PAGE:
What a disgrace! - Senate at odds over minister's proposed role in granting urban renewal incentives
UNPATRIOTIC AND disgrace were just some of the words uttered in the Upper House yesterday to describe the actions of Opposition senators after they almost blocked passage of a bill being touted as part of the plan to jump-start the redevelopment of downtown Kingston.
The Urban Renewal [Tax Relief] Act 2015 was expected to pass through the Senate without controversy, especially after Leader of Opposition Business in the Senate Tom Tavares-Finson expressed support for the proposed legislation.
However, with five senators each on both sides of the aisle and to the surprise of Government senators, Tavares-Finson asked that the bill be put to a vote.
Opposition senators Marlene Malahoo-Forte, Robert Montague, Ruel Reid and Kavan Gayle subsequently joined Tavares-Finson in voting against the proposed legislation, which seeks to provide incentives to persons who invest in the redevelopment of areas across the country that are suffering from blight or urban decay.
The bill was, however, passed by a 7-5 majority after Opposition Senator Nigel Clarke - with prodding from Government senators to vote his conscience - broke ranks with his colleagues and voted to approve it.
Foreign Affairs Minister Senator A.J. Nicholson walked into the Chamber just in time to cast his vote and ensure that the bill was passed.
The actions of the Opposition senators [excluding Clarke, who was lauded for his stance] left Justice Minister Senator Mark Golding and other government senators livid.
"To try and use their majority [in the Chamber at the time] to block the bill from a second reading when they have no real basis and their leader said it expressly that he supported the bill, I think is a disgrace, quite frankly," Golding said to thunderous applause from his colleagues.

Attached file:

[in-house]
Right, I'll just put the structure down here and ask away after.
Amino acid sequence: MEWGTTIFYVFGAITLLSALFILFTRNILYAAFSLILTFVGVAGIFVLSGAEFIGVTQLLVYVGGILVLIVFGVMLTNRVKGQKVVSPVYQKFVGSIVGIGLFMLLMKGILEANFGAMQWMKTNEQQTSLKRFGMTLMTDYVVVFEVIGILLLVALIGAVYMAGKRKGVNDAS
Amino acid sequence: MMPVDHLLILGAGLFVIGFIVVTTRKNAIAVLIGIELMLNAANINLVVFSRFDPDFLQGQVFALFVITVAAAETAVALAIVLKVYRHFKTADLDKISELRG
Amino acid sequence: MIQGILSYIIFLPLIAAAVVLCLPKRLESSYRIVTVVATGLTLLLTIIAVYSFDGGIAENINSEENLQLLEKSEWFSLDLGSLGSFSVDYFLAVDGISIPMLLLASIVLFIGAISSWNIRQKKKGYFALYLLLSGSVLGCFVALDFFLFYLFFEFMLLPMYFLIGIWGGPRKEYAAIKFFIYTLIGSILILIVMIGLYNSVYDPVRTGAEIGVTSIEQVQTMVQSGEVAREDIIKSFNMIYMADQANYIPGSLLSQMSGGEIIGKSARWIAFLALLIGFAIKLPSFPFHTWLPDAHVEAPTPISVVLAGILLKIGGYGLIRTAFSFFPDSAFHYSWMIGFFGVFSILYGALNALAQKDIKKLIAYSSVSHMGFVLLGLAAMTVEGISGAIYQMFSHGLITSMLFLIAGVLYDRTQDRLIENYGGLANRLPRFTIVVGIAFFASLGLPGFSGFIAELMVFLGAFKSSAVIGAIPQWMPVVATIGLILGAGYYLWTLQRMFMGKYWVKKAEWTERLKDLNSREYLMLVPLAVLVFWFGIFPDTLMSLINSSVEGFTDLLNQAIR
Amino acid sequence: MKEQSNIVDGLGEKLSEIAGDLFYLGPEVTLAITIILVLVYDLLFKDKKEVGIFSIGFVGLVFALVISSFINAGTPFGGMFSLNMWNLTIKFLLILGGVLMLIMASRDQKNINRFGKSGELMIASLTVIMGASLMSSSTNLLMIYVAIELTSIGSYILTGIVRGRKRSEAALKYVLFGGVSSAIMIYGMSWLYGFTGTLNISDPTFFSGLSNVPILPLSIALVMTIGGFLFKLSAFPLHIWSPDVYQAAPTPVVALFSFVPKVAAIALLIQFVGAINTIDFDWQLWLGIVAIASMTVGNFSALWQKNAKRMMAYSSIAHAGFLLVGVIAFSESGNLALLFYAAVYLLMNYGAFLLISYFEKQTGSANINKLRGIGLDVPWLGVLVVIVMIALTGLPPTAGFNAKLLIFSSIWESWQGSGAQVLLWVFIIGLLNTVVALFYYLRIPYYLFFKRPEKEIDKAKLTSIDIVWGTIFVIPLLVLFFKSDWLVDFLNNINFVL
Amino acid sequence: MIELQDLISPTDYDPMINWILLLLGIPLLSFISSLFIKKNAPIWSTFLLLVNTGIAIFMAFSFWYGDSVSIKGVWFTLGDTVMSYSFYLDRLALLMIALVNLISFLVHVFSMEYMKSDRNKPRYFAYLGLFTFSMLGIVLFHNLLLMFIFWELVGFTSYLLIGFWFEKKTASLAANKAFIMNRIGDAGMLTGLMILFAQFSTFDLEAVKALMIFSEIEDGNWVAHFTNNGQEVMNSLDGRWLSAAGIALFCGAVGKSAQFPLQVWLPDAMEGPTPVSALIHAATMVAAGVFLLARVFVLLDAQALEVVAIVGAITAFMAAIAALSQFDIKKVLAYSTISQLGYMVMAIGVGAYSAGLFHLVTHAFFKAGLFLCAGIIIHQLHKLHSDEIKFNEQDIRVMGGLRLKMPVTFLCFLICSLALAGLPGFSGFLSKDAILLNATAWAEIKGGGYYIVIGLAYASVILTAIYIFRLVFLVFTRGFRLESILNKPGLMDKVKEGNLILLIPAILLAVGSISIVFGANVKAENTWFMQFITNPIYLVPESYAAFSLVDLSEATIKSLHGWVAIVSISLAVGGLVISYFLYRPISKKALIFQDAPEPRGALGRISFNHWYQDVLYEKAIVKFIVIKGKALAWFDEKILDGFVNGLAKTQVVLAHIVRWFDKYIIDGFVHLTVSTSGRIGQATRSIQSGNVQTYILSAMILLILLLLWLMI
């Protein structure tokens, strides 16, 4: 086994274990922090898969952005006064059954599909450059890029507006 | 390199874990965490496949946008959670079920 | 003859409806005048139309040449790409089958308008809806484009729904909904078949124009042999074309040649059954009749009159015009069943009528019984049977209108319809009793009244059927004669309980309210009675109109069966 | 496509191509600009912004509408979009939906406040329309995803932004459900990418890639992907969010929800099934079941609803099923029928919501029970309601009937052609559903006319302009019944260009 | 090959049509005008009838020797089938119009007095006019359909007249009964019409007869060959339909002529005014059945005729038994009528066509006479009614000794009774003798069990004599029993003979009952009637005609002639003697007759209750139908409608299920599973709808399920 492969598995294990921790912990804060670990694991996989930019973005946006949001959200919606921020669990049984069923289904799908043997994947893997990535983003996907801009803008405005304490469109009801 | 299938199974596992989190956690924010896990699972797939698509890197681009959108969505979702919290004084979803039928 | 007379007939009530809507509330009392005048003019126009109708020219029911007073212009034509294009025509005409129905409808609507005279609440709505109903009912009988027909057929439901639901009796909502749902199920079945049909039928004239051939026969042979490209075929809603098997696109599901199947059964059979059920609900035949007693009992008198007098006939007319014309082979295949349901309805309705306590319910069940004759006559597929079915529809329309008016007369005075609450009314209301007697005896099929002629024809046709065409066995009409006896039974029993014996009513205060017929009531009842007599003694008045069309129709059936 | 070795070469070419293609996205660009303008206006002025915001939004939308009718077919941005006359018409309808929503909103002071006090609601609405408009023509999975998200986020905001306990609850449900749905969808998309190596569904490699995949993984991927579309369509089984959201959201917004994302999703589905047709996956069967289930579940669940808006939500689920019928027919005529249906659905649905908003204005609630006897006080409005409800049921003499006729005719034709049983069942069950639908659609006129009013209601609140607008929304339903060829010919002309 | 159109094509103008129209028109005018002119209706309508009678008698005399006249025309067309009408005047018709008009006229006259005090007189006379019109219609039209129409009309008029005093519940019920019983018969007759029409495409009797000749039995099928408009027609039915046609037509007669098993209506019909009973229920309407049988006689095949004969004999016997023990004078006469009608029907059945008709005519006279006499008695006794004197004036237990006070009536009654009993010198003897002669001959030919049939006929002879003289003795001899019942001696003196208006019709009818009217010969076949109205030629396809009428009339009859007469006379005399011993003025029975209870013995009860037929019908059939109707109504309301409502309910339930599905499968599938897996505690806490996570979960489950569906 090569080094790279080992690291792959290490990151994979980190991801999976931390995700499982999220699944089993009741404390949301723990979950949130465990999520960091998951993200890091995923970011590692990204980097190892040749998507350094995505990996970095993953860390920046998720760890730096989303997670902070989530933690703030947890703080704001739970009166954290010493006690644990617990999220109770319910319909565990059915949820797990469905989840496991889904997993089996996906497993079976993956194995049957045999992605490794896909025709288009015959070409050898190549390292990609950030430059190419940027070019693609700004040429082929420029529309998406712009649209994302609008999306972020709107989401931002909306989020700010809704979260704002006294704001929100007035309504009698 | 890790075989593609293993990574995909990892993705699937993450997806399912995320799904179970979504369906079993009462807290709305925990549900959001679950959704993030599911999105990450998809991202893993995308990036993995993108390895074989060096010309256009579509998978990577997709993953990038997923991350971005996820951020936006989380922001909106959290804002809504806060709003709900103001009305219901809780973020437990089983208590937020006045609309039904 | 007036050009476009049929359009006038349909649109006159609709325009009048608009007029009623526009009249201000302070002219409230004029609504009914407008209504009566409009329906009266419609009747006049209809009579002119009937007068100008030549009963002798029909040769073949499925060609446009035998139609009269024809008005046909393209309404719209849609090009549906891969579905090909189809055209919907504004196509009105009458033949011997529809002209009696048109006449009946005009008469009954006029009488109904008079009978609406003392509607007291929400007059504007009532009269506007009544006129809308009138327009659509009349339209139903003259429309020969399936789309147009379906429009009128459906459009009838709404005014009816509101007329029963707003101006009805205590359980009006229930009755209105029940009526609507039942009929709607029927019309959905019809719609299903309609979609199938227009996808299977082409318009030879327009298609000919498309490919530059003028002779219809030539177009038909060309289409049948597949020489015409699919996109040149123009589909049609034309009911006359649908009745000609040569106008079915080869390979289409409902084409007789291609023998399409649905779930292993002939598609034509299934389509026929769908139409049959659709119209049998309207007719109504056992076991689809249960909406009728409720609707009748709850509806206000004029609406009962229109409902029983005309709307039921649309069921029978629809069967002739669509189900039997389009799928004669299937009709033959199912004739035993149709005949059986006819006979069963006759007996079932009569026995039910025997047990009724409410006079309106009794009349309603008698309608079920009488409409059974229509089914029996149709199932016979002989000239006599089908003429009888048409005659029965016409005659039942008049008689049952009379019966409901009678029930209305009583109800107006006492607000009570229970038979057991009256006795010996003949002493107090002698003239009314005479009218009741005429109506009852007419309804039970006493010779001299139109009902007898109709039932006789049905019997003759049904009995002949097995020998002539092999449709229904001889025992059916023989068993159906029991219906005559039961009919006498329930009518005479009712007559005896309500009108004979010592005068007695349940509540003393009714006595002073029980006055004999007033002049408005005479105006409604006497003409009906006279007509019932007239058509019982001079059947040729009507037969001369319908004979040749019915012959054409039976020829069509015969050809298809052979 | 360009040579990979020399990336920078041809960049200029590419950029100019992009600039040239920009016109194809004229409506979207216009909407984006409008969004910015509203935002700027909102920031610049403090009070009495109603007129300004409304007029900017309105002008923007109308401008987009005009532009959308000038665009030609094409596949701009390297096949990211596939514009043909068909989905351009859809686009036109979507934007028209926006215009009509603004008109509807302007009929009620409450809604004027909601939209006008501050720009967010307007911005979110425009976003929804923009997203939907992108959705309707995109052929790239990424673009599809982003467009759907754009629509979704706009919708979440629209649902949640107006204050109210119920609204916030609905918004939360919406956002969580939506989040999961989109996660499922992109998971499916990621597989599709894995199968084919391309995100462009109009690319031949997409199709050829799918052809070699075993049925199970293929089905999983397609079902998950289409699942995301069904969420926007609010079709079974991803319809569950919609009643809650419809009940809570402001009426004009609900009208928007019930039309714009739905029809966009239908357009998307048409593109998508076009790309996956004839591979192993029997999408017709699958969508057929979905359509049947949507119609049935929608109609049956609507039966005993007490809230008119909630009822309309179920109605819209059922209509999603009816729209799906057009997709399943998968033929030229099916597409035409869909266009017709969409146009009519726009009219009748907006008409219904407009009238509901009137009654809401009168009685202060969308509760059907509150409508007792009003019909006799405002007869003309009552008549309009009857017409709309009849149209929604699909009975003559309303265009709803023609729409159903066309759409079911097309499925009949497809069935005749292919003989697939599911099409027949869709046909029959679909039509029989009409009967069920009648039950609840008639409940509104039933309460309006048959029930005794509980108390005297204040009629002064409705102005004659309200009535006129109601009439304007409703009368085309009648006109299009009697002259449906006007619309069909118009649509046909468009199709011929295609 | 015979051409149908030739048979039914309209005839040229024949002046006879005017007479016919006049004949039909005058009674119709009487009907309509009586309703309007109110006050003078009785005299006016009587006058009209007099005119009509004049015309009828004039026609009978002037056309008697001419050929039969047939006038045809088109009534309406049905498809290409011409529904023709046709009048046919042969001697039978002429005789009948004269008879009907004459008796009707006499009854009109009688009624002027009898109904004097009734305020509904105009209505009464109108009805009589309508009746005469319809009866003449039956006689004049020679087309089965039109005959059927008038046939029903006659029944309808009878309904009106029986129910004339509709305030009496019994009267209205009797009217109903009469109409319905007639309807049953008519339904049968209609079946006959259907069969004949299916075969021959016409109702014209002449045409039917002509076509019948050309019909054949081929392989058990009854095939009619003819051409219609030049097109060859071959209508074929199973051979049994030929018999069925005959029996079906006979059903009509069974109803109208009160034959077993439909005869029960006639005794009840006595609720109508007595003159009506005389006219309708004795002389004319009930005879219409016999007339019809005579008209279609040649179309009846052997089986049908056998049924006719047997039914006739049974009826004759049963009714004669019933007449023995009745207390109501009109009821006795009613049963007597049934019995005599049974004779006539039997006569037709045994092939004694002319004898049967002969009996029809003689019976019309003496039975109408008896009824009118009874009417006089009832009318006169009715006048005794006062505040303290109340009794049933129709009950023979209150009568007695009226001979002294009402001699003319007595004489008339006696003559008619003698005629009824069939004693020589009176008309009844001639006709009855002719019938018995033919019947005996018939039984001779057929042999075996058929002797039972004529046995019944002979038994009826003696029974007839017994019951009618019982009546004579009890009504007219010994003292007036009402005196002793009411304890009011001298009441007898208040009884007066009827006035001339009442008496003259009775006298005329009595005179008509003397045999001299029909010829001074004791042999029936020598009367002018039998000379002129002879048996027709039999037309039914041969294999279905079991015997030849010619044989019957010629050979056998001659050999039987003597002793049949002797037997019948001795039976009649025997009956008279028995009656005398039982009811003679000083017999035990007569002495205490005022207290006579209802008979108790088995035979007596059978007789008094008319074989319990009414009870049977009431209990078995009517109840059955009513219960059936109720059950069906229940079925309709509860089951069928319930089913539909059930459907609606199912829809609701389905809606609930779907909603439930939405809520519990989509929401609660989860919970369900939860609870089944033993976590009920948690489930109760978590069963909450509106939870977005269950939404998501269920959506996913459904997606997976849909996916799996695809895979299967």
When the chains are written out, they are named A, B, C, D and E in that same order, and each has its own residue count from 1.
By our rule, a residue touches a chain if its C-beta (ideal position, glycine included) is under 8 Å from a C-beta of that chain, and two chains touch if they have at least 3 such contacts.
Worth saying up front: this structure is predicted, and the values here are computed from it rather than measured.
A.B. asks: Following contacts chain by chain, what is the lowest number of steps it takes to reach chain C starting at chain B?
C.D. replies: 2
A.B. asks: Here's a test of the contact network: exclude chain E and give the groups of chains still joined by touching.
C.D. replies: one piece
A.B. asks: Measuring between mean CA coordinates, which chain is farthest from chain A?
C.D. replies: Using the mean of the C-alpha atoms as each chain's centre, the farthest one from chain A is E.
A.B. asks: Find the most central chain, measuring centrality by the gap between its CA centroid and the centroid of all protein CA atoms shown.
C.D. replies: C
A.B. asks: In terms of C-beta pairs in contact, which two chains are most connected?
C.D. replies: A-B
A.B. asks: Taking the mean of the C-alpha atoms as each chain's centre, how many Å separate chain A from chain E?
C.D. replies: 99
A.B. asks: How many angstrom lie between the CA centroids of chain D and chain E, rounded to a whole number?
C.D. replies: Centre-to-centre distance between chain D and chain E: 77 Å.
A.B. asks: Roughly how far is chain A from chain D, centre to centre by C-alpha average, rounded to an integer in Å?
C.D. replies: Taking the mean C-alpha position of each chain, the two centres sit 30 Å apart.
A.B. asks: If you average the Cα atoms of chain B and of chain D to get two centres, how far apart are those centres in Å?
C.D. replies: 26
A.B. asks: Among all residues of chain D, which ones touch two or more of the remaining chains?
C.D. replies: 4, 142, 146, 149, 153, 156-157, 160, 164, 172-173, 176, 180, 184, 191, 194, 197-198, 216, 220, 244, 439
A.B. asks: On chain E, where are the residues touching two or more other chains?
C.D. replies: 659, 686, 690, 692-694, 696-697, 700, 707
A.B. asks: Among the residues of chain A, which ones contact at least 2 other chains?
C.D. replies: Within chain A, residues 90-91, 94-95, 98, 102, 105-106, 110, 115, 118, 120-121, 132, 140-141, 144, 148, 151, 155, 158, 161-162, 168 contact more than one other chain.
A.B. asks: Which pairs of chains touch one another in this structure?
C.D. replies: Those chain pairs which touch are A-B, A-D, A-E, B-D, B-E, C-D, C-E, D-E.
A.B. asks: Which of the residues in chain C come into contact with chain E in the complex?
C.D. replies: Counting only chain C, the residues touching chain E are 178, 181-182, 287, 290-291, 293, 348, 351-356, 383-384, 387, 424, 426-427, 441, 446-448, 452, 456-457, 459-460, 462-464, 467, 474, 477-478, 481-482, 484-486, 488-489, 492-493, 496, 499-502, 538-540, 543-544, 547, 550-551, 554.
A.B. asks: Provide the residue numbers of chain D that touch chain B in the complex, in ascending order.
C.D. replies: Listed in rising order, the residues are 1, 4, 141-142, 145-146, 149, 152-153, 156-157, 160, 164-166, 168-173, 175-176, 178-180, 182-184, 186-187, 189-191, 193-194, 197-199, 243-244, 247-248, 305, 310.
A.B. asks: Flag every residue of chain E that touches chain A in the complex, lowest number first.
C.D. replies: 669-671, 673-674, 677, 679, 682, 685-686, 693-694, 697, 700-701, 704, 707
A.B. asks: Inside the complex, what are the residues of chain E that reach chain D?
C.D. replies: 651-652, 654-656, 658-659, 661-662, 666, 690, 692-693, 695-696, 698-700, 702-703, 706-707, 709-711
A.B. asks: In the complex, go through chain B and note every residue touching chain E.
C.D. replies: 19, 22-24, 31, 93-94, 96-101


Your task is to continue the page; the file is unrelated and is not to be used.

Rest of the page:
"It fundamentally belies this notion about a new type of politics. That is pure hypocrisy and nonsense," the minister fumed.
The proposed legislation, which will now go to Governor General Sir Patrick Allen to be signed into law, seeks to amend the Urban Renewal [Tax Relief] Act, which was enacted in 1995 to provide relief from income tax, stamp duty and transfer tax for persons and organisations who carry out development in areas suffering from blight or urban decay.
The amendment confers on the relevant minister the power to amend or vary orders made under the act for special development areas and for declaration of approved developers.
Pointing out that the bill was in the interest of the nation's development, Government Senator Lambert Brown charged that "people" allowed partisan politics to prevail.
"People say with their mouths they support it and then vote against it going to the next step to make it into law..." said Brown.
He also praised Clarke's action, saying his respect for the first-time lawmaker has "grown significantly. "And I hope that the fate that others from the Senate have suffered does not befall him," Brown said.
Nicholson, the veteran lawmaker, also chided his Opposition counterparts for their actions, pointing out that there was nothing unethical or controversial about what the proposed legislation seeks to accomplish.
"The Lord moves in a mysterious way, his wonders to perform. Arriving in the nick of time, I am pleased to have prevented this Senate from falling into a hole - a partisan political hole - against the interest of the people of Jamaica," Nicholson said of his decisive vote.
The Senate also passed the Financial Administration and Audit Act and the Public Bodies Management and Accountability Act.